Particularly its struggles in Mexico and its fight with Red Bull in Abu Dhabi highlighted how important engine performance was. This was done quietly by Ferrari.
Two factors were at play here: the first was that its power unit configuration, particularly its turbo size, was unsuitable for high-altitude races in Mexico and Brazil.
Beyond that, however, Mattia Binotto, principal of the Ferrari team, confirmed after the final race that the Maranello team had to reduce engine performance in the latter stages of the year due to concerns about reliability.
Earlier in the campaign, some spectacular and costly engine failures, such as Charles Leclerc’s crashes in Spain and Baku and Carlos Sainz’s fiery exit in Austria, necessitated a slight slowdown while a solution was found.
Binotto made the following brief reference: We had to reduce the power slightly. We had to do it, yes.
However, it has since come to light that Ferrari was able to get aggressive once more in Abu Dhabi thanks to its 066/7 engine, leading the team to believe that it had solved the earlier reliability issues.
Sources claim that the spark plug in the pre-chamber was identified as the power unit’s weak point.
This was the most recent version of Mahle’s TJI (Turbulent Jet Ignition) combustion system, which helped Ferrari close the power gap with Mercedes.
Mahle provided the system to Ferrari in 2016.
A system that has been optimized for the most recent generation of power units, which were homologated to be frozen until the end of the 2025 season, has made significant progress in the six years since then.
The fuel injector and spark plug are components of the TJI system. Both are housed in a well in the cylinder head, and they collaborate to help make as much power as possible.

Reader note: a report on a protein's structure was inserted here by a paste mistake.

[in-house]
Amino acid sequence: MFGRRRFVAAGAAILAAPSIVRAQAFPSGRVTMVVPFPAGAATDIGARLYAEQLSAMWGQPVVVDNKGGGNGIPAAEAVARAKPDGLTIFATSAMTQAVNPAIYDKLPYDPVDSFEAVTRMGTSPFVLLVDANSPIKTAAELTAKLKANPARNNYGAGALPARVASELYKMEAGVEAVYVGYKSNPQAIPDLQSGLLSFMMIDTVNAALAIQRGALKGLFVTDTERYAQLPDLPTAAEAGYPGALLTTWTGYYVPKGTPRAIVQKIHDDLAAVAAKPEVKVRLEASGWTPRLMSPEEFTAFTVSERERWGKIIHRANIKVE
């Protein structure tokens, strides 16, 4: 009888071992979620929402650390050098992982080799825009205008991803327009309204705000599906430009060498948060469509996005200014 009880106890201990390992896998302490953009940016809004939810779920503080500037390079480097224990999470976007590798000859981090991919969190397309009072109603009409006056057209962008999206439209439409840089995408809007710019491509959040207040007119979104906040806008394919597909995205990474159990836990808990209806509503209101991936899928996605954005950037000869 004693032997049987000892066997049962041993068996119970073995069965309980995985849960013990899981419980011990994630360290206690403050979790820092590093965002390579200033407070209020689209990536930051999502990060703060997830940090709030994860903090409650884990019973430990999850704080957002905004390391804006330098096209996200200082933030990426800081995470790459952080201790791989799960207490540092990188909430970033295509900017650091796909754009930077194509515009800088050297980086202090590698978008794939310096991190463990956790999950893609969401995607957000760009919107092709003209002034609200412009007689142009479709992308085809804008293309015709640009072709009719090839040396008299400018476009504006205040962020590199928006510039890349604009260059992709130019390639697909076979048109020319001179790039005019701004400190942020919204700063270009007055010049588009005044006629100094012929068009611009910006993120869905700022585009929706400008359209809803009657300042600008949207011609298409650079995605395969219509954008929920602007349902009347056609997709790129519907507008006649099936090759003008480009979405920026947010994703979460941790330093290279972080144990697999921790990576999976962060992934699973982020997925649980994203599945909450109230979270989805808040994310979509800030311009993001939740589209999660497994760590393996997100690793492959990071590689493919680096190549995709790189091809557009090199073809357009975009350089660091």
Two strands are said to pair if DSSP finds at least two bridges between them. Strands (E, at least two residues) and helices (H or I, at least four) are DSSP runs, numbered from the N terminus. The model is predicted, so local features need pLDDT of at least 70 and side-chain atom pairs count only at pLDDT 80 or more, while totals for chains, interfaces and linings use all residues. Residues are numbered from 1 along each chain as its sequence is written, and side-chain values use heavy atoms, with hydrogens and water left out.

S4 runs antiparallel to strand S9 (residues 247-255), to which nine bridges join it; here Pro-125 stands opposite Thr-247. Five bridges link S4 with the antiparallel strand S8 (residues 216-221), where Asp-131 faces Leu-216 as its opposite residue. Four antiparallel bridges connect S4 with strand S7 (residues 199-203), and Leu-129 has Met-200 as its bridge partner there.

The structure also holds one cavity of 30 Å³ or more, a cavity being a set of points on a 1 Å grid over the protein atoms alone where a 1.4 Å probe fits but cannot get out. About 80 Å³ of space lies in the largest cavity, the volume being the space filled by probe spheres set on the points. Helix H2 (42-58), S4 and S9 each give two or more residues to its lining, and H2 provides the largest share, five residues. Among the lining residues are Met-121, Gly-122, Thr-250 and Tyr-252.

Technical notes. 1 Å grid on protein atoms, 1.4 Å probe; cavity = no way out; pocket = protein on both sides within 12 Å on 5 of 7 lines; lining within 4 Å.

The remaining fuel is distributed across the surface of the piston, with only 2% to 3% being injected into the pre-combustion chamber. The combustion agent in the chamber is lighter and contains more air than fuel, whereas the mixture inside the “cap” is particularly rich.
Additionally, given that teams are still restricted in terms of the amount of fuel they can use in a race (currently 110 kilograms), greater thermal efficiency is achieved for the same amount of fuel injected, which also equates to more power.
Ferrari pushed development to take advantage of the maximum pressure of the injection system, which reaches 500 bar as permitted by the regulations. The goal was for the system to discharge five times per engine cycle.
However, the extreme idea resulted in an increase in internal temperature, resulting in the spark plug suffering and eventually failing.
As a result, the engineers had to make changes to their mapping so that the spark plug wouldn’t exceed its limit. Meanwhile, a third-party supplier was working on bringing in new materials to make sure the part could handle the demands of the engine when it was running at maximum power.
Ferrari’s exhibition in Abu Dhabi recommends that the flash fitting issue appears to have been tackled, which will be a major lift to Ferrari’s expectations for 2023 when it realizes it can’t manage the cost of a rehash of its dependability hardships.